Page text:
“You should come to this seminar with me,” she said. “I have an extra ticket. It’ll be fun.”

Fun is not the word I’d use to describe it.

More like an invitation into the ambitious overachiever’s lair.

That free seminar turned into a seven-year quest for success and financial freedom. After attending countless conferences, investing close to $200,000 in a variety of business and real estate ventures, and what pretty much amounted to get-rich-quick schemes, I never realized my dream of financial freedom. Nope. I ended up with less money than I started with.

I look back and don’t even recognize who I was during that time. No amount of money or success could satisfy my unquenchable thirst for more. I was buying into all the B.S. the success gurus were selling, not realizing it was designed to line their pockets more than it was to fill mine.

It was sheer madness. A madness I was the perfect target for.

It was as if that little straight-A seed my father planted when I was fifteen had found the perfect combination of nourishment and fertilizer (pun intended) to grow into a great big unwieldy tree. And no, it wasn’t a money tree!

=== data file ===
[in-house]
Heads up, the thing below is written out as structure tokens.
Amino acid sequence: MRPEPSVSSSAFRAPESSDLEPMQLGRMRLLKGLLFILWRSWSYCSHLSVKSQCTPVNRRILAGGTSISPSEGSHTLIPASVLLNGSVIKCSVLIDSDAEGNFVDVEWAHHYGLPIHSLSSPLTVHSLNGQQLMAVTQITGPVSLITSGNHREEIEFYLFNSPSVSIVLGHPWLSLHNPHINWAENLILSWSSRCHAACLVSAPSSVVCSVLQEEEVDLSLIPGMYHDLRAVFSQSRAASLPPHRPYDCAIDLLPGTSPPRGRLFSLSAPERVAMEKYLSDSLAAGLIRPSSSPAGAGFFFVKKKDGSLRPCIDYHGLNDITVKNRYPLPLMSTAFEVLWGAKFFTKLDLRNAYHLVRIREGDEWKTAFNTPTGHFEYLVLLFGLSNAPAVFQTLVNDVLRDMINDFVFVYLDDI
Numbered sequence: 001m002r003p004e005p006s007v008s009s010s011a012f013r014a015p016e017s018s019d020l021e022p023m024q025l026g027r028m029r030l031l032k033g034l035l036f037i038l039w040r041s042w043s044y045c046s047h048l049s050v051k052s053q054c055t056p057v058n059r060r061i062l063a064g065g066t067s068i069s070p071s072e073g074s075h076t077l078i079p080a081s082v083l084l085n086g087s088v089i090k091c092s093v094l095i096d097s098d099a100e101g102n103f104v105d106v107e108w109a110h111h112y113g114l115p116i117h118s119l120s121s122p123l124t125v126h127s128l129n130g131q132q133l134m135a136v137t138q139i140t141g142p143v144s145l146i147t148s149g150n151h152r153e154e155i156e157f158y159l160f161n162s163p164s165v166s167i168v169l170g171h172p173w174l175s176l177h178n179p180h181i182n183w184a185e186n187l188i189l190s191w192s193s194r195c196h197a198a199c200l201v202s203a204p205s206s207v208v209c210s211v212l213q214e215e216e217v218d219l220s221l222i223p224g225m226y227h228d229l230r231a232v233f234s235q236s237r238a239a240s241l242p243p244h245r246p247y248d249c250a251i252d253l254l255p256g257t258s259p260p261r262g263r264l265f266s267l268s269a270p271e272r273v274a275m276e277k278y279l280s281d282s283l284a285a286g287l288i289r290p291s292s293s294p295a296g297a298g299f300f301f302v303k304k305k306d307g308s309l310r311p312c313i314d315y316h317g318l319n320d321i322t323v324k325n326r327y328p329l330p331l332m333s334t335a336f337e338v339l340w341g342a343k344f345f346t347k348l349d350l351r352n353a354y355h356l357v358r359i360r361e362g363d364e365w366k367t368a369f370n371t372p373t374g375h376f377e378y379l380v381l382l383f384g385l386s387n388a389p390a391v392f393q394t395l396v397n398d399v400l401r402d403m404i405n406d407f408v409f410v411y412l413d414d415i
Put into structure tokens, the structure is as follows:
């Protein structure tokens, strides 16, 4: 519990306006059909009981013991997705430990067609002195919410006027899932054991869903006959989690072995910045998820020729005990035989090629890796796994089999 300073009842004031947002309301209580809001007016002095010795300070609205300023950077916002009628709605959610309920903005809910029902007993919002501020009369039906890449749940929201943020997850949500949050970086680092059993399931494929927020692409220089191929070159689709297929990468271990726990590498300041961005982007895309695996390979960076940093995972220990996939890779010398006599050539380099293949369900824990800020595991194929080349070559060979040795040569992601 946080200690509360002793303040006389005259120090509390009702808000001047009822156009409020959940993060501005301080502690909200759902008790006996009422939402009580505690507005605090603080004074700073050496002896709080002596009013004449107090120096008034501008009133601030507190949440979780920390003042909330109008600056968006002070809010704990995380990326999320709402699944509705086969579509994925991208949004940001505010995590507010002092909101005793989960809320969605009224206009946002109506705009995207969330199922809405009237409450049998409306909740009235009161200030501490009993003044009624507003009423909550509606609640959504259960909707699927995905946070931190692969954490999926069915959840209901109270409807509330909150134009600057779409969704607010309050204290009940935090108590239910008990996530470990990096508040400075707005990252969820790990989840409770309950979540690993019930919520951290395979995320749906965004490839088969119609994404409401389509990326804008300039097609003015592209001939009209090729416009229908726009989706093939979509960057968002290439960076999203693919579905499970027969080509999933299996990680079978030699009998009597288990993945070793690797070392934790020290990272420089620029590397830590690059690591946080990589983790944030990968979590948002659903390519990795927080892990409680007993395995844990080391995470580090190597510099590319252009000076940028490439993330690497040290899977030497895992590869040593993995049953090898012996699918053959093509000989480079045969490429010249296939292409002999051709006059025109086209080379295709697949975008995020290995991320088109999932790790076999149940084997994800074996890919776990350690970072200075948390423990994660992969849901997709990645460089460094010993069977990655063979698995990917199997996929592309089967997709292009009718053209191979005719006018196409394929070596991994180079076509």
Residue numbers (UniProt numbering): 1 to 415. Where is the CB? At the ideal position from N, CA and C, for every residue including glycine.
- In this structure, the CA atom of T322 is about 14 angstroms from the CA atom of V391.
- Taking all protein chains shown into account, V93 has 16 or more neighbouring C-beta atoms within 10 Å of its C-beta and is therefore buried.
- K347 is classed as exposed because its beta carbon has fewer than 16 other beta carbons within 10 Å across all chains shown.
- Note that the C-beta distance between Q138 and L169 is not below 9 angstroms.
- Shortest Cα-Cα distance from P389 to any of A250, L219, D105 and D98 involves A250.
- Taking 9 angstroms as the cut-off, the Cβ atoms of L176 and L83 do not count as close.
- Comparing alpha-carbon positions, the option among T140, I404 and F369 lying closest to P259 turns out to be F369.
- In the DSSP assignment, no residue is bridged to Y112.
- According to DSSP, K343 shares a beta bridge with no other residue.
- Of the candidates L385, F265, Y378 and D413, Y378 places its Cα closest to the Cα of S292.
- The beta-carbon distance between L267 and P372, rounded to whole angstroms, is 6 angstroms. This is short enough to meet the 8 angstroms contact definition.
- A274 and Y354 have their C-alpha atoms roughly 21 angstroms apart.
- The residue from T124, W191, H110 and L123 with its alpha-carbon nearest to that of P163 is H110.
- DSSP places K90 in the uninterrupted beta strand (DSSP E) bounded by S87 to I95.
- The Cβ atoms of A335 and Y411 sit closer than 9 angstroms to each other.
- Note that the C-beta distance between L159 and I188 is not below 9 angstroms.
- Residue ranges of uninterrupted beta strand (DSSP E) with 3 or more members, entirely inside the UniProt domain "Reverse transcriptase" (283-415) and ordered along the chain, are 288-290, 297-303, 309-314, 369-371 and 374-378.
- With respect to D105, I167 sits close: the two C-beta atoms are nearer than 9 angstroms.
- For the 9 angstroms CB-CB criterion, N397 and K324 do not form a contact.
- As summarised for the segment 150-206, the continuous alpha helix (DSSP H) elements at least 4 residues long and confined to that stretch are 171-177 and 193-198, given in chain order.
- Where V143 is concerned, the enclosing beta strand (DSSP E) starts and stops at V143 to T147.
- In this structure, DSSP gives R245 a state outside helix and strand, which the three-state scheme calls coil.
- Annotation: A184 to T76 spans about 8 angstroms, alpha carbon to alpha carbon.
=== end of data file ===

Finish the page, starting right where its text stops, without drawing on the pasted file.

I shut down or sold everything but the small consulting business I had before I fell down the seminar rabbit hole, and went back to my simple, manageable life. I wrote a book about my experience, sharing the lessons I’d learned, and truly thought I’d left the destructive ambitious overachiever behind.

In 2018, my husband and I made the decision to retire early and move across the country to live in the mountains.

We wanted to escape the hustle and bustle that had consumed our lives for so many years. We wanted to pursue our artistic talents and enjoy life. A big part of me knew I had to leave my old life behind to accomplish that. So that’s what we did.

Life in the mountains was good for the first couple of years. We hiked. We explored. I finally wrote the book I’d been wanting to write, but hadn’t been able to find the time or inspiration to write in my previous life.

Then COVID hit.

Stuck in my house with nothing else to do, I ramped up the semi-dormant online course business I’d started seven years earlier. It gave me something to do during the pandemic. I enjoyed teaching. For two years I managed to stave off the ambitious overachiever. He never showed up, not once.

It felt like success — the good kind, not the kind I’d been chasing for so many years.